ISRO launched 12 Indian, 22 foreign satellites and successfully flight tested India's first winged-body aerospace vehicle, reports T E Narasimhan.
The past year has been a highly successful and an eventful one for the Indian Space Research Organisation, which achieved significant milestones in the domains of launch vehicle, satellite, applications and space exploration.
ISRO launched seven vehicle missions in 2016. All were successful.
Eight ISRO satellites, four student satellites and 22 foreign satellites were launched by these missions.
Year 2016 also saw two successful advanced launch vehicle technology initiatives by ISRO -- the Reusable Launch Vehicle-Technology Demonstrator and Scramjet technology demonstrator -- having their maiden test flights.
Additionally, India's Mars Orbiter Spacecraft completed two years in its orbit around Mars and India's ASTROSAT multi-wavelength observatory successfully completed one year in orbit.
The year started off with the PSLV-C31 carrying IRNSS-1E, the fifth satellite of the Indian Regional Navigational Satellite System constellation, on January 20.
It was followed by PSLV-C32/IRNSS-1F Mission. In this flight, which was its 34th, the Polar Satellite Launch Vehicle launched IRNSS-1F, the sixth satellite of the IRNSS constellation, on March 10.
The PSLV launched the seventh and the last satellite IRNSS-1G of IRNSS constellation on April 28.
With this, the space segment of the IRNSS is fully deployed.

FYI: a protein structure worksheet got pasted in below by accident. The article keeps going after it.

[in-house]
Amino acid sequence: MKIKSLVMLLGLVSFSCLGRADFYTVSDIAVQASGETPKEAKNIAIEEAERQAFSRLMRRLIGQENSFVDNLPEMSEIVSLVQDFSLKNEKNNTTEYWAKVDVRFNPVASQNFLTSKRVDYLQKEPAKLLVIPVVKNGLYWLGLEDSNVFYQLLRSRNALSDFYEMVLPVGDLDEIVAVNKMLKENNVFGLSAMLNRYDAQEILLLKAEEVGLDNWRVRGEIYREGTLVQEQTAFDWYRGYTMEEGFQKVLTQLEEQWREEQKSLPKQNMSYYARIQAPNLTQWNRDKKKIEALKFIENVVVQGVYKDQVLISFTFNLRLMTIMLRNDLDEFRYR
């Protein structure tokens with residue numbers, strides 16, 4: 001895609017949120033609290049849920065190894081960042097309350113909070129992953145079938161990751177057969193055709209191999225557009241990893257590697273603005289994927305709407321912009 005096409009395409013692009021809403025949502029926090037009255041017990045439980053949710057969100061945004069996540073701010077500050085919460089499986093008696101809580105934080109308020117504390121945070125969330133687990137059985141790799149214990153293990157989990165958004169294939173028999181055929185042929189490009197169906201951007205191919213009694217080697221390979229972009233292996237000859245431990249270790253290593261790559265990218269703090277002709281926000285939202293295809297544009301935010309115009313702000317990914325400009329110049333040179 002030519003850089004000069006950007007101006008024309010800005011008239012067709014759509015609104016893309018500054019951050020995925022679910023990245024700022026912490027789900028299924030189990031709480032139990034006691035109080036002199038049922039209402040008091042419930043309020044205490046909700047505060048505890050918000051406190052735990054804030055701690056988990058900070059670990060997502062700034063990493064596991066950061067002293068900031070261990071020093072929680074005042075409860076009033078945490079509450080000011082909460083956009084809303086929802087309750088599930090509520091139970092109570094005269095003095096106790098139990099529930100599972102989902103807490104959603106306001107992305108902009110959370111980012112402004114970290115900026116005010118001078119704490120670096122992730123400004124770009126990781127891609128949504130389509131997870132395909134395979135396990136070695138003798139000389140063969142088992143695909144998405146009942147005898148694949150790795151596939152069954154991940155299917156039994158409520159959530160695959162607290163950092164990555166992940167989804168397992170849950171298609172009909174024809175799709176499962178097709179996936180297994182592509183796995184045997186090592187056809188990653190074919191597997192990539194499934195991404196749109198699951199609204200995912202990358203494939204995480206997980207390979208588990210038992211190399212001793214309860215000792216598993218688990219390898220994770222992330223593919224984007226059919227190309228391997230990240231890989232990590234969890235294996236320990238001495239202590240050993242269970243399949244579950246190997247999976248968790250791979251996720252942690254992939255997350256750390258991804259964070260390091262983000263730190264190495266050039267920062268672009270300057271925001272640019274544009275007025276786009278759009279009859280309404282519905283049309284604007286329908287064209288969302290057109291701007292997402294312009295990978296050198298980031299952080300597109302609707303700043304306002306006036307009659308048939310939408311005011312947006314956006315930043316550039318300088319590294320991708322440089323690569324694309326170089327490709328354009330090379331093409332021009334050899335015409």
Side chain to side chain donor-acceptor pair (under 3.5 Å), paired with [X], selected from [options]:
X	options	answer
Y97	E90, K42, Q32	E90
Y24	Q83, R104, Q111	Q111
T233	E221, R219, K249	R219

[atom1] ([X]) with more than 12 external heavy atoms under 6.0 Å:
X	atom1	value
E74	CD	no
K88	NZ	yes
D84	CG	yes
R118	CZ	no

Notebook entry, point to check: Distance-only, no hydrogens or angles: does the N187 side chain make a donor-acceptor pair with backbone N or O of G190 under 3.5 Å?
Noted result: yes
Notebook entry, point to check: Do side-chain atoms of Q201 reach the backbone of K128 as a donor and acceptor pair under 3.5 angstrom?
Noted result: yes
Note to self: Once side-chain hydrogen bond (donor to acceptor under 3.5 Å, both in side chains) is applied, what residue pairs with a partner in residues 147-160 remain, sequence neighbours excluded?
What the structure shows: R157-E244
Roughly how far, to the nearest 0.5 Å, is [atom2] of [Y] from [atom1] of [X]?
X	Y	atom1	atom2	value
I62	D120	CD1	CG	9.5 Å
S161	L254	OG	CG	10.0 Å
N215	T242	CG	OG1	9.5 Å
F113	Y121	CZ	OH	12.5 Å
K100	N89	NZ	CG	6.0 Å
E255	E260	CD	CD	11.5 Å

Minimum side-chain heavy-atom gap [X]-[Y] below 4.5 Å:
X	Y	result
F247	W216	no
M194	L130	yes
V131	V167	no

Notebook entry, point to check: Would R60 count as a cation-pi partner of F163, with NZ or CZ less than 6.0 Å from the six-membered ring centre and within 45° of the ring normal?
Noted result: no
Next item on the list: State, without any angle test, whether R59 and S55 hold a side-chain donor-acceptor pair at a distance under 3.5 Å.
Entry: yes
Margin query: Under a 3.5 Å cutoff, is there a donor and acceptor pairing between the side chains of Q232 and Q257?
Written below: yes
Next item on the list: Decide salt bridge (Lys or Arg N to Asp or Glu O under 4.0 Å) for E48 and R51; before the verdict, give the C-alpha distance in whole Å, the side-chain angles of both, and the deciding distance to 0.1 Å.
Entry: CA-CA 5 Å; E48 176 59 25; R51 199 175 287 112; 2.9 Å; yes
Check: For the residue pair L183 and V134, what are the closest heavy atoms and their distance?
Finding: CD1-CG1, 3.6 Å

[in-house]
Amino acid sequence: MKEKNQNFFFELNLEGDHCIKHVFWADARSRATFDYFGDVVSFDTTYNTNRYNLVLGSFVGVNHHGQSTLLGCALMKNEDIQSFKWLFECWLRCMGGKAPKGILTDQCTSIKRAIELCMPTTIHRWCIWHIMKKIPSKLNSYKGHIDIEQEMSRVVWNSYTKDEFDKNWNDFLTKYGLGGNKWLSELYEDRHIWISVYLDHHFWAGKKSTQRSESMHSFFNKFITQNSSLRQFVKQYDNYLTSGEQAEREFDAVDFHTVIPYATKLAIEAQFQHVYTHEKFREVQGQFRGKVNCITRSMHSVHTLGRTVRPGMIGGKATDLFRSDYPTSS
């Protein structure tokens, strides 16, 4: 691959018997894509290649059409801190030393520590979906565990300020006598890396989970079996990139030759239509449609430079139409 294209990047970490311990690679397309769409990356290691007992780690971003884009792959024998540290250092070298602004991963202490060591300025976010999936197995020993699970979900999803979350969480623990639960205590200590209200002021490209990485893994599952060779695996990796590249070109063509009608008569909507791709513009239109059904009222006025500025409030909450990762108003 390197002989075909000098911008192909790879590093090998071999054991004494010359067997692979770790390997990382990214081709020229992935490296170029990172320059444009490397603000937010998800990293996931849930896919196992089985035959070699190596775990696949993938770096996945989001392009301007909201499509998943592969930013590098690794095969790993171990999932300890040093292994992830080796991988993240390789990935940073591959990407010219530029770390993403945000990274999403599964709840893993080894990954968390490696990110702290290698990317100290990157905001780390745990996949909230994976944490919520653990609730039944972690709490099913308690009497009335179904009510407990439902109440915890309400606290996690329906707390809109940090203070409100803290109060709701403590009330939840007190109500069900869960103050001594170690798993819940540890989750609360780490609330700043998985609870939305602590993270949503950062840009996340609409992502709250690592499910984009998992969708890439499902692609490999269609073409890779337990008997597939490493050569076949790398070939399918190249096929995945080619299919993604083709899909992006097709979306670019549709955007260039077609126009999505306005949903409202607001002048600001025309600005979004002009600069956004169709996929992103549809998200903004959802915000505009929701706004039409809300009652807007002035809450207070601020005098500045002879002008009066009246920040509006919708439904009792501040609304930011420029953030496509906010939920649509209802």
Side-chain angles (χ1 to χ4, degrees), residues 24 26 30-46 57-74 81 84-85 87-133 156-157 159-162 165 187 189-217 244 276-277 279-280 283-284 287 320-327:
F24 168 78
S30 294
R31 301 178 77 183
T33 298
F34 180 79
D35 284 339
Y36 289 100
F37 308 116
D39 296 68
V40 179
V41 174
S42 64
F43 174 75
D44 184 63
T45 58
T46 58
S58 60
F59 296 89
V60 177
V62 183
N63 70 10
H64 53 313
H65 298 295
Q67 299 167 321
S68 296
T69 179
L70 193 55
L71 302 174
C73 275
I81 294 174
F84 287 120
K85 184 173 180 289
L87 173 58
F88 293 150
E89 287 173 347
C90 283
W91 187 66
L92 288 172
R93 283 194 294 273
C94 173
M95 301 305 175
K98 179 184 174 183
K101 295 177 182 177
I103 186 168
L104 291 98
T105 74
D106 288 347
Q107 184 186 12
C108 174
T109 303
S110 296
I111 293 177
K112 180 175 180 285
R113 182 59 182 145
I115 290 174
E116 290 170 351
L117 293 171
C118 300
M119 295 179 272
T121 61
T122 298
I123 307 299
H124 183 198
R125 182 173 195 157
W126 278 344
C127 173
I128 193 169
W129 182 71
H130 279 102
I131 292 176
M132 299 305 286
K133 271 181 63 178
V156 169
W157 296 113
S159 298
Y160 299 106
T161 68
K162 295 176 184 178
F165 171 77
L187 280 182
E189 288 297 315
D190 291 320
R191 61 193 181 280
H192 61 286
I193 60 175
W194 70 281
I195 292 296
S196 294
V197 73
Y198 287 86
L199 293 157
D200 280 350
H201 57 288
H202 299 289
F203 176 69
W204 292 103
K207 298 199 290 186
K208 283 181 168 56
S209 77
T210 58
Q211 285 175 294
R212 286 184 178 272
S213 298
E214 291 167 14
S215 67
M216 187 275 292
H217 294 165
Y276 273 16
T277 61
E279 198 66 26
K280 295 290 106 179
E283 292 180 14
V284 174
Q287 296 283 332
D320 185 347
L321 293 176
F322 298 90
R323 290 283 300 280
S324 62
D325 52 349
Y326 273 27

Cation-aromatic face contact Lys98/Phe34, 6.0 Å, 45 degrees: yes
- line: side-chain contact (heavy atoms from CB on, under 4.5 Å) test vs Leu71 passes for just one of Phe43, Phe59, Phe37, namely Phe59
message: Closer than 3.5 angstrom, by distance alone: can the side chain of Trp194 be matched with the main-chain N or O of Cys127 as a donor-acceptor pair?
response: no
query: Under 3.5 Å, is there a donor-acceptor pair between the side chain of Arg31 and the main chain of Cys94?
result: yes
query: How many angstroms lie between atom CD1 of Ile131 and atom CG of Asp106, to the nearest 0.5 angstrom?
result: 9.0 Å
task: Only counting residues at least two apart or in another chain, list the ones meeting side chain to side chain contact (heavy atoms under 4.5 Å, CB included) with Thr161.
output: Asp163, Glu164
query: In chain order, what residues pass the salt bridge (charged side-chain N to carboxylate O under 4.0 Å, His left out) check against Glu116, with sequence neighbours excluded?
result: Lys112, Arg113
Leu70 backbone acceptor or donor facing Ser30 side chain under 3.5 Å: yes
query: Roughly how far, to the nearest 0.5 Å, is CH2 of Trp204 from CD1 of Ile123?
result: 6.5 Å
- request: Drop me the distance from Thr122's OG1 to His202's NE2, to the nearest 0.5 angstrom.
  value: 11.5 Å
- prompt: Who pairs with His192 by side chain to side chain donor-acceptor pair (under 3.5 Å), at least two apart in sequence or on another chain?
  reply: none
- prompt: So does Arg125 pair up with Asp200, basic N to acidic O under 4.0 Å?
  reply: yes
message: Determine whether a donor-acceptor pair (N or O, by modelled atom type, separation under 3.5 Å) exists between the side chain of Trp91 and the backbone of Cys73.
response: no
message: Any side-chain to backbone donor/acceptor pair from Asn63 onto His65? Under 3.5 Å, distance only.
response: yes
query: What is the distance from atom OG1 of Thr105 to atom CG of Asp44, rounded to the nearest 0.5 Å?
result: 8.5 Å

The IRNSS signals are now available and trials with the receiver system are in progress.
Prime Minister Narendra Modi dedicated IRNSS to the nation as 'NavIC' (Navigation Indian Constellation).
This is an independent regional navigation satellite system designed to provide position information in the Indian region and 1,500 km around the Indian mainland.
IRNSS provides two types of services, namely, standard positioning services (provided to all users) and restricted services (provided to only authorised users).
India's first winged-body aerospace vehicle, RLV-TD, was successfully flight tested on May 23.
In this flight, critical technologies such as autonomous navigation, guidance and control, reusable thermal protection system, and re-entry mission management were successfully validated.
On June 22, PSLV-C34 successfully launched 20 satellites in a single mission. It included India's CARTOSAT-2 series of satellite (weighing 727 kg) as primary payload and two academic institutes' satellites, namely, SWAYAM and SATHYABAMASAT and 17 satellites (total weighing 555 kg) of foreign customers from Canada, Germany, Indonesia and the US as co-passengers.
On September 8, GSLV-F05, India's Geosynchronous Satellite Launch Vehicle, equipped with the indigenous Cryogenic Upper Stage, successfully launched the country's weather satellite INSAT-3DR.
INSAT-3DR is a follow-on meteorological satellite to INSAT-3D.
This launch is significant, considering the fact that this is the third consecutive success of the indigenous CUS, which signified the country's successful assimilation of the complex cryogenic rocket propulsion.
ISRO also successfully flight-tested its Scramjet engine technology demonstrator in August.
India is the fourth country to demonstrate the flight testing of a Scramjet engine.
This was followed by SCATSAT-1, Resourcesat-2A, GSAT-18 launches.
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